WordPress can play a central role at the agency level. Not only can it serve as your primary web development platform, but you can look to the vast WordPress community to find new hires and collaborators.

Having a team allows you to multiply your earnings per hour or take on more projects simultaneously. You can also deliver a better final product since it was built by a team of specialists.

If you’re making the transition from being a solo consultant to agency, your personal job description will change quite a bit. Expect to spend less time in Photoshop and code and more time in calls, meetings, reviewing portfolios and juggling the many responsibilities of a business owner. Some find this transition exciting while others prefer to focus on their craft. That’s something you need to consider before growing your operation.

3. WordPress Themes Sales

Among the most prominent business models in the world of WordPress is theme sales. Today’s market is flooded with WordPress theme shops and the competition is fierce. The massive growth of the WordPress user-base means thousands of new users are entering the market every month.

Selling WordPress themes is a product business, which offers the benefit of being detached from time-based revenue. But don’t think that running a themes shop doesn’t require tons of time and work. You’ll be busy creating and maintaining themes as well as handling ongoing customer support.

In the world of WordPress themes, there are quite a few options to consider as you plan your business:

Independent Theme Shops

One way to enter the themes business is to start up your own independent ecommerce website to sell your themes. There is a lot to consider before diving in. First, building an effective ecommerce site is a tough task in and of itself. You’re also responsible for all of the marketing costs and customer database infrastructure. Of course, the benefit is you get to keep 100% of the revenue from your themes.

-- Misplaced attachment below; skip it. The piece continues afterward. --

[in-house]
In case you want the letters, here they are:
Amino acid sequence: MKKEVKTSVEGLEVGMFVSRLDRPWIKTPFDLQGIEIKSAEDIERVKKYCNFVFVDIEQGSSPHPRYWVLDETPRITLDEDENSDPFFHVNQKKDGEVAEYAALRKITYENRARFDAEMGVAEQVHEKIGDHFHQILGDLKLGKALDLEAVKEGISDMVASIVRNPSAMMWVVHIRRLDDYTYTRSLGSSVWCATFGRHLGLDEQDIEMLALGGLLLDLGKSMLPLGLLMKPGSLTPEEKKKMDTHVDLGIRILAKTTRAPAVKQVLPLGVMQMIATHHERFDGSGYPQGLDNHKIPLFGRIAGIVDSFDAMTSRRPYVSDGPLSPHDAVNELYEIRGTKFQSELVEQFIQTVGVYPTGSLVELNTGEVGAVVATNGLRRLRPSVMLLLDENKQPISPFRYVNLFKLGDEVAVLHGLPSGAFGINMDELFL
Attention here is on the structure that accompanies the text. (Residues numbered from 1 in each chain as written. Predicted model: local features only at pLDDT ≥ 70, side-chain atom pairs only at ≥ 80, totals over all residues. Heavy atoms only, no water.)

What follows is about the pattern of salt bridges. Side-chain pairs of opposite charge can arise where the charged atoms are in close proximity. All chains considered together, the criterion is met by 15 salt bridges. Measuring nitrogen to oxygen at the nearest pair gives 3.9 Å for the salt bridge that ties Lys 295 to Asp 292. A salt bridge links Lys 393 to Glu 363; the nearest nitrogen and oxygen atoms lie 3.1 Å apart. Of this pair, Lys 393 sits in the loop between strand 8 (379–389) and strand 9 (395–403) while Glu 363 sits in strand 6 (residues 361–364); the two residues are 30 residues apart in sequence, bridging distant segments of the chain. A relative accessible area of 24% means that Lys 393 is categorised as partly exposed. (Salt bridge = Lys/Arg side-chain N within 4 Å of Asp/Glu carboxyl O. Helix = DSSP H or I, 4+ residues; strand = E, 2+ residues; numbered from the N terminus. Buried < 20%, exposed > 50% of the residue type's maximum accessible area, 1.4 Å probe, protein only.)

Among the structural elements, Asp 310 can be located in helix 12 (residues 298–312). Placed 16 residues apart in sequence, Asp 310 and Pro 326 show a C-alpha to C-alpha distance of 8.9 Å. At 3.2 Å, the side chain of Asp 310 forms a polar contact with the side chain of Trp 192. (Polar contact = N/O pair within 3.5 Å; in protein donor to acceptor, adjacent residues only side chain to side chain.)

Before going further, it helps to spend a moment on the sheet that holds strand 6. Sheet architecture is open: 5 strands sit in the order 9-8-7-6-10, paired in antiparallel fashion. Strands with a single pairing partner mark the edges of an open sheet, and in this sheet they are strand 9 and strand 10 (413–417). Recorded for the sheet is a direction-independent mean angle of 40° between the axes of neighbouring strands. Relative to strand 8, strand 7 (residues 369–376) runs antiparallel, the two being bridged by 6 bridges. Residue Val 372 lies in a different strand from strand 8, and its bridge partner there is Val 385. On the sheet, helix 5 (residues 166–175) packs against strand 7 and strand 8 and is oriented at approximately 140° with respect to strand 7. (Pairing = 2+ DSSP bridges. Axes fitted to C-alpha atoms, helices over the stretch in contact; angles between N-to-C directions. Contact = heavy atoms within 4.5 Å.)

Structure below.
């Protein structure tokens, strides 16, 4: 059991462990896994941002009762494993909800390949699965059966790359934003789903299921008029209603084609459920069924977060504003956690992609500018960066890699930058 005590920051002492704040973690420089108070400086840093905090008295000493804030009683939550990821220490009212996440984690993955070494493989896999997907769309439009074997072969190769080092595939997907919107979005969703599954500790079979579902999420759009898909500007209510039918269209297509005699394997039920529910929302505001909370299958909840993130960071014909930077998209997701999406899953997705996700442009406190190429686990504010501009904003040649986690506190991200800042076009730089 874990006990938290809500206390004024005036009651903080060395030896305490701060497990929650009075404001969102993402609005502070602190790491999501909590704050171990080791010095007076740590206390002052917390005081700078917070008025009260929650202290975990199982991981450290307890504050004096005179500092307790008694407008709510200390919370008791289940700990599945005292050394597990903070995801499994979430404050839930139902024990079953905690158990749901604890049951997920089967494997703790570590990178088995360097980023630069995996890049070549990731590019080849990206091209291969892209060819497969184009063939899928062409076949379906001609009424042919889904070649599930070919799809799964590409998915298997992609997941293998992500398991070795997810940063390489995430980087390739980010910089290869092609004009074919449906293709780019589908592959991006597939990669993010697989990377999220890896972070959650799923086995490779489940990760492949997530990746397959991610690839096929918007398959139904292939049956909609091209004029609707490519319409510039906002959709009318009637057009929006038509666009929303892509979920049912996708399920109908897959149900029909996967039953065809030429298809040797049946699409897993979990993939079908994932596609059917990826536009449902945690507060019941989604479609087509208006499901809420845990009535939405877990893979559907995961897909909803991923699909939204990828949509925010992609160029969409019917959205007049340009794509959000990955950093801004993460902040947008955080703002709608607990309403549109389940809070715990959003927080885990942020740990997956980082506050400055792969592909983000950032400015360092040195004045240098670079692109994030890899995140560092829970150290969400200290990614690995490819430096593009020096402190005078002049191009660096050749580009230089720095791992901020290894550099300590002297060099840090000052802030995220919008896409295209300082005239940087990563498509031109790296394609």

Another benefit to selling WordPress themes independently is the freedom to try out various pricing models, such as simple one-time theme sales, membership to access all themes (a recurring revenue model), or free themes with premium support.

WooThemes, Press75, and StudioPress are a few examples of the big players in the independent theme shop arena. Smaller shops have followed suit.

WordPress Theme Marketplaces

For those interested in designing and selling WordPress themes, but aren’t ready to build and market your own independent ecommerce website, joining a popular marketplace could be the way to go.

The benefits of selling on a marketplace is that you get to focus on designing and supporting themes while the marketplace handles the bulk of your marketing and traffic generation. The downside is most marketplaces take a significant commission on sales and usually don’t give you control over theme pricing. Another potential downside is your themes are listed right alongside many competitors so it can be easy to get lost in the mix. But with great products shown on a high-traffic stage, the pros can certainly outweigh the cons.

Theme Forest, Mojo Themes, and Theme Garden, are all thriving and reputable WordPress theme marketplaces worth consideration.

4. Plugin Development & Support

Premium plugins may offer more of an opportunity for newcomers than theme sales. While they are very popular with users, there are simply less plugin developers in the space. But the market is growing rapidly.

If you or your team have the development chops to create awesome functionality built on top of WordPress, plugins could be the business to look at. Like WordPress themes, one route is to independently sell your plugin through your own ecommerce site. Gravity Forms, Plugin Buddy, and Cart66 have shown that this business model can be successful. You can also release your plugins on marketplaces such as CodeCanyon, WP Plugins, and Mojo Themes (they also have plugins).

One potential challenge in a plugins business might be customer support. This can prove to be even more difficult than supporting themes since there are so many compatibility variables. But with the right support team in place and a great, carefully developed product, the customer support challenge can be overcome.